Infants Weighing Less Than 2000 g
Hepatitis B vaccination should be delayed until 1 month of age or hospital discharge in infants weighing < 2000 g if the mother is documented to be HBsAg negative at the time of the infant's birth. Infants weighing < 2000 g born to HBsAg positive or HBsAg unknown mothers should receive vaccine and hepatitis B immune globulin (HBIG) in accordance with ACIP recommendations if HBsAg status cannot be determined3 [see DOSAGE AND ADMINISTRATION].
Prevention And Management Of Allergic Vaccine Reactions
Appropriate medical treatment and supervision must be available to manage possible anaphylactic reactions following administration [see CONTRAINDICATIONS].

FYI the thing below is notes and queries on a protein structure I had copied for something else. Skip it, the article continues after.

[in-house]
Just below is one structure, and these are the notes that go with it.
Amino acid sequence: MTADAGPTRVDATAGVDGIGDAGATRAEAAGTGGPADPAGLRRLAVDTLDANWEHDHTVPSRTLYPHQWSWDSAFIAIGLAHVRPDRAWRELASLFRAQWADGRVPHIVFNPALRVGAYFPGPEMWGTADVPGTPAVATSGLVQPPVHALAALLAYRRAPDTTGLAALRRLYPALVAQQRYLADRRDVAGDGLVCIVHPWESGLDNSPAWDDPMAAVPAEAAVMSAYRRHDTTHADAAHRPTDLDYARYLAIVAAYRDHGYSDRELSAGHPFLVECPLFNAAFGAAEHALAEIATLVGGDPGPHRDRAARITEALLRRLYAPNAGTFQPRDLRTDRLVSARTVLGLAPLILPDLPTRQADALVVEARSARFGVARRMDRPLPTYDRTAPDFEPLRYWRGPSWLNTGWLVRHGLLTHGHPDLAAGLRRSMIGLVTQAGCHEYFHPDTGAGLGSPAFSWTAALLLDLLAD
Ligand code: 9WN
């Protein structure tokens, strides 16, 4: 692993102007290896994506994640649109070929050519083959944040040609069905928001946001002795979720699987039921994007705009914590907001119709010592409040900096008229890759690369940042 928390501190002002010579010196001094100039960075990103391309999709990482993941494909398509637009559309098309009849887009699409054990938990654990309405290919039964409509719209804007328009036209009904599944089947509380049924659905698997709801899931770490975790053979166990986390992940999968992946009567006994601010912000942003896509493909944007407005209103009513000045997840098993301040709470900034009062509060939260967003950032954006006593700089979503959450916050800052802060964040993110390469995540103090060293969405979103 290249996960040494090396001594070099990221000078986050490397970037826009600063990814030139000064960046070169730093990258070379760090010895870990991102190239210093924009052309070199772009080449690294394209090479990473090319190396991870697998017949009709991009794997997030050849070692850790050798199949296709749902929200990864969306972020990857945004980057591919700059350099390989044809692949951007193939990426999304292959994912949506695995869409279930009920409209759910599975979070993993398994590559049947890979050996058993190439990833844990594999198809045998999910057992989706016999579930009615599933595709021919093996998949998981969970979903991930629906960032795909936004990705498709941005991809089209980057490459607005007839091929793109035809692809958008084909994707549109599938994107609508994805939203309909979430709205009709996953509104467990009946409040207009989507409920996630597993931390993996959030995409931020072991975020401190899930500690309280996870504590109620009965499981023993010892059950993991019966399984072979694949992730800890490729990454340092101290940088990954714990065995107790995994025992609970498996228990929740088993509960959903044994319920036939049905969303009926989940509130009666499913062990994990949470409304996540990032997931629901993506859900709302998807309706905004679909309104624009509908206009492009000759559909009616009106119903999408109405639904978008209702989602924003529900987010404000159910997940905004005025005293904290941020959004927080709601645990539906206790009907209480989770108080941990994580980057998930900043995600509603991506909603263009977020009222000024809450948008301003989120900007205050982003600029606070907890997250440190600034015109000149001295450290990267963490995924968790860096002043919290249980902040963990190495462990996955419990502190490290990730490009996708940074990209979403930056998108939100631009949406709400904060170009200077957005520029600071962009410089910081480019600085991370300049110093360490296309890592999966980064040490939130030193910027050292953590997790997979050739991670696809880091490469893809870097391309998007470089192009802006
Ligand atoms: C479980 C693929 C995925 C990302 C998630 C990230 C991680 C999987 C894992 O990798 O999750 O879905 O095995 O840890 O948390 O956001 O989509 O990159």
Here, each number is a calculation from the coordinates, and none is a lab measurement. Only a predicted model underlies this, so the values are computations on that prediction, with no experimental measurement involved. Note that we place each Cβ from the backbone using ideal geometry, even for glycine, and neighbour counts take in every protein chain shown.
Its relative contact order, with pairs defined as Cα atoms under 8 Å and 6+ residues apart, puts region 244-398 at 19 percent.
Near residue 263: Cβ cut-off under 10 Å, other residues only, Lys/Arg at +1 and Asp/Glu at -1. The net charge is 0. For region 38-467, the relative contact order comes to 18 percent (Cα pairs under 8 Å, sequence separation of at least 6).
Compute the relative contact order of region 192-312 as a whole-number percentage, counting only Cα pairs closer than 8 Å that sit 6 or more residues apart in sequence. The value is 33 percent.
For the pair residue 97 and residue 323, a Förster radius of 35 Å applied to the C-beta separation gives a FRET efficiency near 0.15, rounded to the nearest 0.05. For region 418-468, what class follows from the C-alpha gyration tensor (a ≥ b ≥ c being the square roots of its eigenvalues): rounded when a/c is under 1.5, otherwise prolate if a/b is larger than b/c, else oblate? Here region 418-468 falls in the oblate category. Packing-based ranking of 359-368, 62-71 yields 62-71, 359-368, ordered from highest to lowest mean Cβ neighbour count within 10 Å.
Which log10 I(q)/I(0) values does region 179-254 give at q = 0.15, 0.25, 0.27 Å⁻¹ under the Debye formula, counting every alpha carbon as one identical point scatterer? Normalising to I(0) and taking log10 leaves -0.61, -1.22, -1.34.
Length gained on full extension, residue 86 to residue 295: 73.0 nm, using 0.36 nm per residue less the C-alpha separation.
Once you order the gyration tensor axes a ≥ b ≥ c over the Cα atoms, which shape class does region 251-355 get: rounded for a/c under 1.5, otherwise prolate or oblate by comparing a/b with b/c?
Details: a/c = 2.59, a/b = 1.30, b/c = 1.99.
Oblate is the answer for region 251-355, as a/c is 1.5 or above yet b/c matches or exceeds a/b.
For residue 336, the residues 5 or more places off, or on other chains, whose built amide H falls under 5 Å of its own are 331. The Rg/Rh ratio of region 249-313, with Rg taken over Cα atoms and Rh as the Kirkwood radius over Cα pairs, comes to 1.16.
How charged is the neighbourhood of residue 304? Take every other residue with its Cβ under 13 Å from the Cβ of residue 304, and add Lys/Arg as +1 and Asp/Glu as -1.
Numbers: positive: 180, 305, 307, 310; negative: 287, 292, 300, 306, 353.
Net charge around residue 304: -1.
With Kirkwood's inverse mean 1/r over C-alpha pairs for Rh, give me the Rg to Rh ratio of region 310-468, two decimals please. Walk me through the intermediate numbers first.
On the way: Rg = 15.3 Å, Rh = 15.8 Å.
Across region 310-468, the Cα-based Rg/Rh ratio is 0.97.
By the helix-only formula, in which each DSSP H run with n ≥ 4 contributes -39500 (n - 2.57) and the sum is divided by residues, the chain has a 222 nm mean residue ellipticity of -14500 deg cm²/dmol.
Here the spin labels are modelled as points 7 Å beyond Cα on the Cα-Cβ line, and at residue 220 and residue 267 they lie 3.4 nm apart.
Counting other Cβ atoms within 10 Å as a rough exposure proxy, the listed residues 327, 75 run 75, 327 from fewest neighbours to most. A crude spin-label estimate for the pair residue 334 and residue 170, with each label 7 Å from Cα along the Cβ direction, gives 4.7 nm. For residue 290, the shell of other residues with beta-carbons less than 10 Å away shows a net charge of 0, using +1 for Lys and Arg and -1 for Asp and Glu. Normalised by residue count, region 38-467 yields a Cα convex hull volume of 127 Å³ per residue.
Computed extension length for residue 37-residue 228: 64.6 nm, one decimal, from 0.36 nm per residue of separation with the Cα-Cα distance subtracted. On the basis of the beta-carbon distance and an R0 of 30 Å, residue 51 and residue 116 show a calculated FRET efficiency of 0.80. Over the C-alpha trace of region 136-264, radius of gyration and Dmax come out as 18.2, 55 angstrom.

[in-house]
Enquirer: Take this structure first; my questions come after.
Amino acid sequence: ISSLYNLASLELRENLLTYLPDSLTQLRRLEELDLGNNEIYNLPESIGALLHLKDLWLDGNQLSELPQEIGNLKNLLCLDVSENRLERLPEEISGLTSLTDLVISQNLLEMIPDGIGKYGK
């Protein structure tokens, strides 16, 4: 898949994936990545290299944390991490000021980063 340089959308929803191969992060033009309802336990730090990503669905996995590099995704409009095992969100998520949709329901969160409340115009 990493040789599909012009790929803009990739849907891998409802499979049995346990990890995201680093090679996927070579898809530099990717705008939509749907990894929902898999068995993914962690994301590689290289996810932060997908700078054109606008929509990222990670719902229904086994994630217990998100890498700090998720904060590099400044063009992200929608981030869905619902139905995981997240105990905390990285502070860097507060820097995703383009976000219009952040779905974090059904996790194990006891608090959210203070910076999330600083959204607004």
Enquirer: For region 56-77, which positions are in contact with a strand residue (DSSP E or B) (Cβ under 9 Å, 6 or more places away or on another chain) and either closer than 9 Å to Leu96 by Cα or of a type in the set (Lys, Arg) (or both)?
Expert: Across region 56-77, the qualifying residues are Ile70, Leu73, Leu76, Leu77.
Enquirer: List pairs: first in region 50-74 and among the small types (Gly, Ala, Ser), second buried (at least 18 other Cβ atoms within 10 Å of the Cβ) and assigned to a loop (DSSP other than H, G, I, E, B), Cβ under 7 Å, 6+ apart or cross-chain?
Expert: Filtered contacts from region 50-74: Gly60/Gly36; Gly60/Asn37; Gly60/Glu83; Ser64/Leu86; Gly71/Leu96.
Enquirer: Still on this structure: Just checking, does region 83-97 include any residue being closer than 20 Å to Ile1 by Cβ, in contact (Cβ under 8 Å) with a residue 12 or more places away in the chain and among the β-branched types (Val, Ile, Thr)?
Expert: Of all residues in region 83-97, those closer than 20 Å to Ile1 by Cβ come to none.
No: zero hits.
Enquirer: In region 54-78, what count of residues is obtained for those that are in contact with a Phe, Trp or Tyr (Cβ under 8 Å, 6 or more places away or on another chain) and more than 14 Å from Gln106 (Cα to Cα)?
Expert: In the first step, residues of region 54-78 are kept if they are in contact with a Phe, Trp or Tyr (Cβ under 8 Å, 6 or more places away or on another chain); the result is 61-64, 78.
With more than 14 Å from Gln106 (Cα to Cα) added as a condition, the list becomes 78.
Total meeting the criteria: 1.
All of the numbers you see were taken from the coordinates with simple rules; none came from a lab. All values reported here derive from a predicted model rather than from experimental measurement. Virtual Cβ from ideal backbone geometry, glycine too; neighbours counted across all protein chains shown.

Limitations Of Vaccine Effectiveness
Hepatitis B virus has a long incubation period. RECOMBIVAX HB may not prevent hepatitis B infection in individuals who have an unrecognized hepatitis B infection at the time of vaccination. Additionally, vaccination with RECOMBIVAX HB may not protect all individuals.
Carcinogenesis, Mutagenesis, Impairment Of Fertility
RECOMBIVAX HB has not been evaluated for its carcinogenic or mutagenic potential, or its potential to impair fertility.
Use In Specific Populations
Pregnancy Category C
Animal reproduction studies have not been conducted with the vaccine. It is also not known whether the vaccine can cause fetal harm when administered to a pregnant woman or can affect reproduction capacity. The vaccine should be given to a pregnant woman only if clearly needed.
It is not known whether the vaccine is excreted in human milk. Because many drugs are excreted in human milk, caution should be exercised when the vaccine is administered to a nursing woman.